We are a small engineering firm that has just expanded from one to three workers. Earlier, the managing of projects was done by e-mail, where the user sorted each project by folders in Outlook.

Since the expansion, we need to organize this for multiple users. All the project management tools I have looked at focus on milestones, task assignments, and etc.

We need something a lot simpler. The most important part for us is to have a common list of ongoing projects, current status, and all the email communications related to this project.

We deliver software that is customized for each project (by configuration files and models), and the most common workflow is like this:

Get order, a lot of communication with files that specify the details, delivery, more communication on setup and support. Then it can be years and the software needs to be updated according to new specifications and the communication starts again before a new delivery.

I have looked for months to try and find something suited for our purpose. How should I select the right project management software based on our specific needs, and how could such software be used effectively to support our process?

  • Hello, did you try searching our pm-software tag or the tools tag? There are some questions hanging around that are looking for tools. Good luck! – jmort253 Aug 16 '12 at 0:32
  • I edited the question to also ask for an explanation of how to use the tool effectively. Answers shouldn't just merely list a product or provide a link. They should explain how to use the tool to solve the problem. Hope this helps! – jmort253 Aug 18 '12 at 0:46

Skips the Tools; Build a Process

You describe your current process like this:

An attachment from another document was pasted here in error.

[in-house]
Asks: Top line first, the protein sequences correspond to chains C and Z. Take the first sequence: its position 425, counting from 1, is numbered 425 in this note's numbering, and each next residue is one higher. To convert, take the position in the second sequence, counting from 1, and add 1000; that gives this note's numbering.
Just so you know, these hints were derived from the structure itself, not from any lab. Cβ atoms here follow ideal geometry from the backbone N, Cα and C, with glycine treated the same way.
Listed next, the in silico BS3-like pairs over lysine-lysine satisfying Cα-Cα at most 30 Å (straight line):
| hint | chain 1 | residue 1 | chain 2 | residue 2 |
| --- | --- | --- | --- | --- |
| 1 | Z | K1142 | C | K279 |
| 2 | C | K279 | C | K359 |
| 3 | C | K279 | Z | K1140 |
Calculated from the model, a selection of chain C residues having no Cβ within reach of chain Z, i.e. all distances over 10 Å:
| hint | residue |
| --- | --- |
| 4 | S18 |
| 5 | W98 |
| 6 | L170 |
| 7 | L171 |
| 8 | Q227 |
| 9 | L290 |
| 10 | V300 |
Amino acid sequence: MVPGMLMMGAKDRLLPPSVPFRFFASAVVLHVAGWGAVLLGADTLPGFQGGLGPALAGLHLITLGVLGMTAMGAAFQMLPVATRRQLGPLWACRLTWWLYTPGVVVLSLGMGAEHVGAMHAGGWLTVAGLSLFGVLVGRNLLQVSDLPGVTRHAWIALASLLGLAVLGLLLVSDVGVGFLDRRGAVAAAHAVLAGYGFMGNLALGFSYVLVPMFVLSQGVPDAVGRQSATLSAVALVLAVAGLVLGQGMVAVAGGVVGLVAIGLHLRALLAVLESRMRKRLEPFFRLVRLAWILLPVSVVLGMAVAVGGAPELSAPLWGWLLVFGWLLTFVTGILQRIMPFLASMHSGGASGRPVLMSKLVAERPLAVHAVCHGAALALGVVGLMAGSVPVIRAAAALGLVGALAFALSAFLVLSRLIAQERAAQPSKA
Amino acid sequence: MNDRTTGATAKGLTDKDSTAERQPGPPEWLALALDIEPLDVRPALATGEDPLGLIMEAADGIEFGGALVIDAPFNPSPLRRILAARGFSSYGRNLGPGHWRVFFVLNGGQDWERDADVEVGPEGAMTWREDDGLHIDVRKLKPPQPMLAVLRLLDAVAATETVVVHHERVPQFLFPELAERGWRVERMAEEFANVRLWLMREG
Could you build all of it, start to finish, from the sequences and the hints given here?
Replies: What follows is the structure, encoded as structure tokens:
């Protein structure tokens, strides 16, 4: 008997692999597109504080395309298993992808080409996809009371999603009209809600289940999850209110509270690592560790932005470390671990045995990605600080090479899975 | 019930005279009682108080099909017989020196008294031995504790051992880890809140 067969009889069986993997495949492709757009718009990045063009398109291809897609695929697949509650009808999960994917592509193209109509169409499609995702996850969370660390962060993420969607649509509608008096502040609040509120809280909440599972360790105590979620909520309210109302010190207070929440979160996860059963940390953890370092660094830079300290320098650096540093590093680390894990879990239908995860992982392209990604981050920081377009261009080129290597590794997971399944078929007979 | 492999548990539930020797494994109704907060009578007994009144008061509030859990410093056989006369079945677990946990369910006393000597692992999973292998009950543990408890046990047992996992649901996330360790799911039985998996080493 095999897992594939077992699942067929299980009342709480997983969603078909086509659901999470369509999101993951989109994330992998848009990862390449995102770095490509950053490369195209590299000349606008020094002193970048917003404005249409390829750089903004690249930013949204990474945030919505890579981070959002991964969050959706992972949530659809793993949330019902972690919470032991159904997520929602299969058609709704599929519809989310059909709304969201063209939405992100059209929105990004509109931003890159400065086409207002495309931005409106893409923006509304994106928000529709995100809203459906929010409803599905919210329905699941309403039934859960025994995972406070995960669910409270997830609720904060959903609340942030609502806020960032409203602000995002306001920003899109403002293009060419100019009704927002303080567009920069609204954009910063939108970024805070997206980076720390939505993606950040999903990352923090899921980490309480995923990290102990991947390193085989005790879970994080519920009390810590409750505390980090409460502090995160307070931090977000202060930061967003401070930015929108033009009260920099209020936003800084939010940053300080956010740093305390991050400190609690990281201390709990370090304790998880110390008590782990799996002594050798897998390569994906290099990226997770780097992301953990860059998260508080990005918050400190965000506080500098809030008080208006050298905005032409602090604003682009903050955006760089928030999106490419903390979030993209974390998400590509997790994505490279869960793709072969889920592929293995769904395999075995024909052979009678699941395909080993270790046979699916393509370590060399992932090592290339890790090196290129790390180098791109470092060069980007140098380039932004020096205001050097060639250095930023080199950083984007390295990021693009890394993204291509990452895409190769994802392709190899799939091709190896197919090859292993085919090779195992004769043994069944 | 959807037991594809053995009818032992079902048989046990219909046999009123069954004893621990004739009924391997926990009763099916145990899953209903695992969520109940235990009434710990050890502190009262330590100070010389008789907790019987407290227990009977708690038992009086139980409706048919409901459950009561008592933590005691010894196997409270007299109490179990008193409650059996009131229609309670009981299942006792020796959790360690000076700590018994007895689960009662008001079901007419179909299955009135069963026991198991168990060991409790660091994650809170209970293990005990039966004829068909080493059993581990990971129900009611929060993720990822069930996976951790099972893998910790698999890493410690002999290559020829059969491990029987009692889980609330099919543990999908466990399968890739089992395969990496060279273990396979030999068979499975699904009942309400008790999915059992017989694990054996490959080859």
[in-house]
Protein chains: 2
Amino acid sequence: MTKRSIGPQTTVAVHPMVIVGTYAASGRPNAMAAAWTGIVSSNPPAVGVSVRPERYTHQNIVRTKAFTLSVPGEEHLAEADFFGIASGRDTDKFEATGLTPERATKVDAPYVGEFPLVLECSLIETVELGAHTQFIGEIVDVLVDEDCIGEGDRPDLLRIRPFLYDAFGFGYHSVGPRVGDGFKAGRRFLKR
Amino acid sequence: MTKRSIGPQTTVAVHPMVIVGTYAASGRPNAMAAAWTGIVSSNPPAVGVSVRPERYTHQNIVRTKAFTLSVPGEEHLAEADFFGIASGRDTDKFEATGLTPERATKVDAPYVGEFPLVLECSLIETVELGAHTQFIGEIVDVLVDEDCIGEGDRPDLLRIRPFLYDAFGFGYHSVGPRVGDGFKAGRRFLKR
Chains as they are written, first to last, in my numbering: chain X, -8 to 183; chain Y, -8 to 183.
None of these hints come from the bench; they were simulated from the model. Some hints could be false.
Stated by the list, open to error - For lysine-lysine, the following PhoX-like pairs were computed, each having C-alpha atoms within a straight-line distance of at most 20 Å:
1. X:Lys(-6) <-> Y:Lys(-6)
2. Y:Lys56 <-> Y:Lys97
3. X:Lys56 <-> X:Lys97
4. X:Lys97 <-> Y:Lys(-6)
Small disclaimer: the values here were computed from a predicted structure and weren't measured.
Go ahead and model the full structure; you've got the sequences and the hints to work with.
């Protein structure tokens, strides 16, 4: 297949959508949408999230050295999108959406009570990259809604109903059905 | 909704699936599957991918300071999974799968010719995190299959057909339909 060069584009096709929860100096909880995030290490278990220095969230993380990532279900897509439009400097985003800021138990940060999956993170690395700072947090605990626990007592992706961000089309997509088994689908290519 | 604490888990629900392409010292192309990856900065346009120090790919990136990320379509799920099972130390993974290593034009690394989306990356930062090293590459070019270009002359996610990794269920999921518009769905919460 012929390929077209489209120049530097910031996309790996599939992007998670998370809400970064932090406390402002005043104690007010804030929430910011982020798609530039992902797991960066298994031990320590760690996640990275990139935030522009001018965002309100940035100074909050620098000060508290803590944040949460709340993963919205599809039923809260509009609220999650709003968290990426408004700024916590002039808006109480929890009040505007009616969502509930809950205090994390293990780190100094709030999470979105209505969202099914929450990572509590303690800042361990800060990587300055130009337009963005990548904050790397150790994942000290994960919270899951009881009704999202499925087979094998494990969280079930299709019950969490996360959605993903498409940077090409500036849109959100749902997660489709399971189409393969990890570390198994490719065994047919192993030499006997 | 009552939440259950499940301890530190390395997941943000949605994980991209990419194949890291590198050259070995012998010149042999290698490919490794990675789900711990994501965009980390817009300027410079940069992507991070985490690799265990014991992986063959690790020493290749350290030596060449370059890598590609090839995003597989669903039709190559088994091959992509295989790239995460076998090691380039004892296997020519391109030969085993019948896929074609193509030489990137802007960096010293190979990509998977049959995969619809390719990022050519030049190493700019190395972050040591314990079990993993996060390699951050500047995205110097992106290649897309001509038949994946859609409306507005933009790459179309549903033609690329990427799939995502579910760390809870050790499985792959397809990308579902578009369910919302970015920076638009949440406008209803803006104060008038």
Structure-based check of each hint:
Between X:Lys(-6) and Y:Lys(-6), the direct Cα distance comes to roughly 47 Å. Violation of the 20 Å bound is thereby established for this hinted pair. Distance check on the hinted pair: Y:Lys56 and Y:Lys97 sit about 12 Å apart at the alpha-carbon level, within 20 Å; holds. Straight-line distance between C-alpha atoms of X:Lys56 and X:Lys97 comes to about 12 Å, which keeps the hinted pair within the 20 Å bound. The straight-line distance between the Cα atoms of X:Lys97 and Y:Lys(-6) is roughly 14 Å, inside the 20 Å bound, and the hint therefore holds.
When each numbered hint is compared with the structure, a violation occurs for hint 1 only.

Get order, a lot of communication with files that specify the details, delivery, more communication on setup and support. Then it can be years and the software needs to be updated according to new specifications and the communication starts again before a new delivery.

While this is technically a process, it doesn't seem like a sustainable one from a project management point of view. PM software, however, will not really help you until you refine your process, since software should support your workflow, rather than define it.

Define Your Artifacts and Procedures

You have a number of implicit (rather than explicitly-defined) artifacts listed:

  • Delivery schedules.
  • Setup requirements.
  • Support requirements.
  • Technical specifications.
  • Customer communications.

However, even if you had a place to stick all that data, you have to formally define what you plan to do with it. For example, what is your step-by-step procedure for turning an email about delivery into a schedule for delivering specified functionality?

Assess Your Current Process

It doesn't matter what you're doing at the moment. You just need to document and formalize the current processes and procedures, so that you can:

  1. Decide if the process and procedures are working for your organization.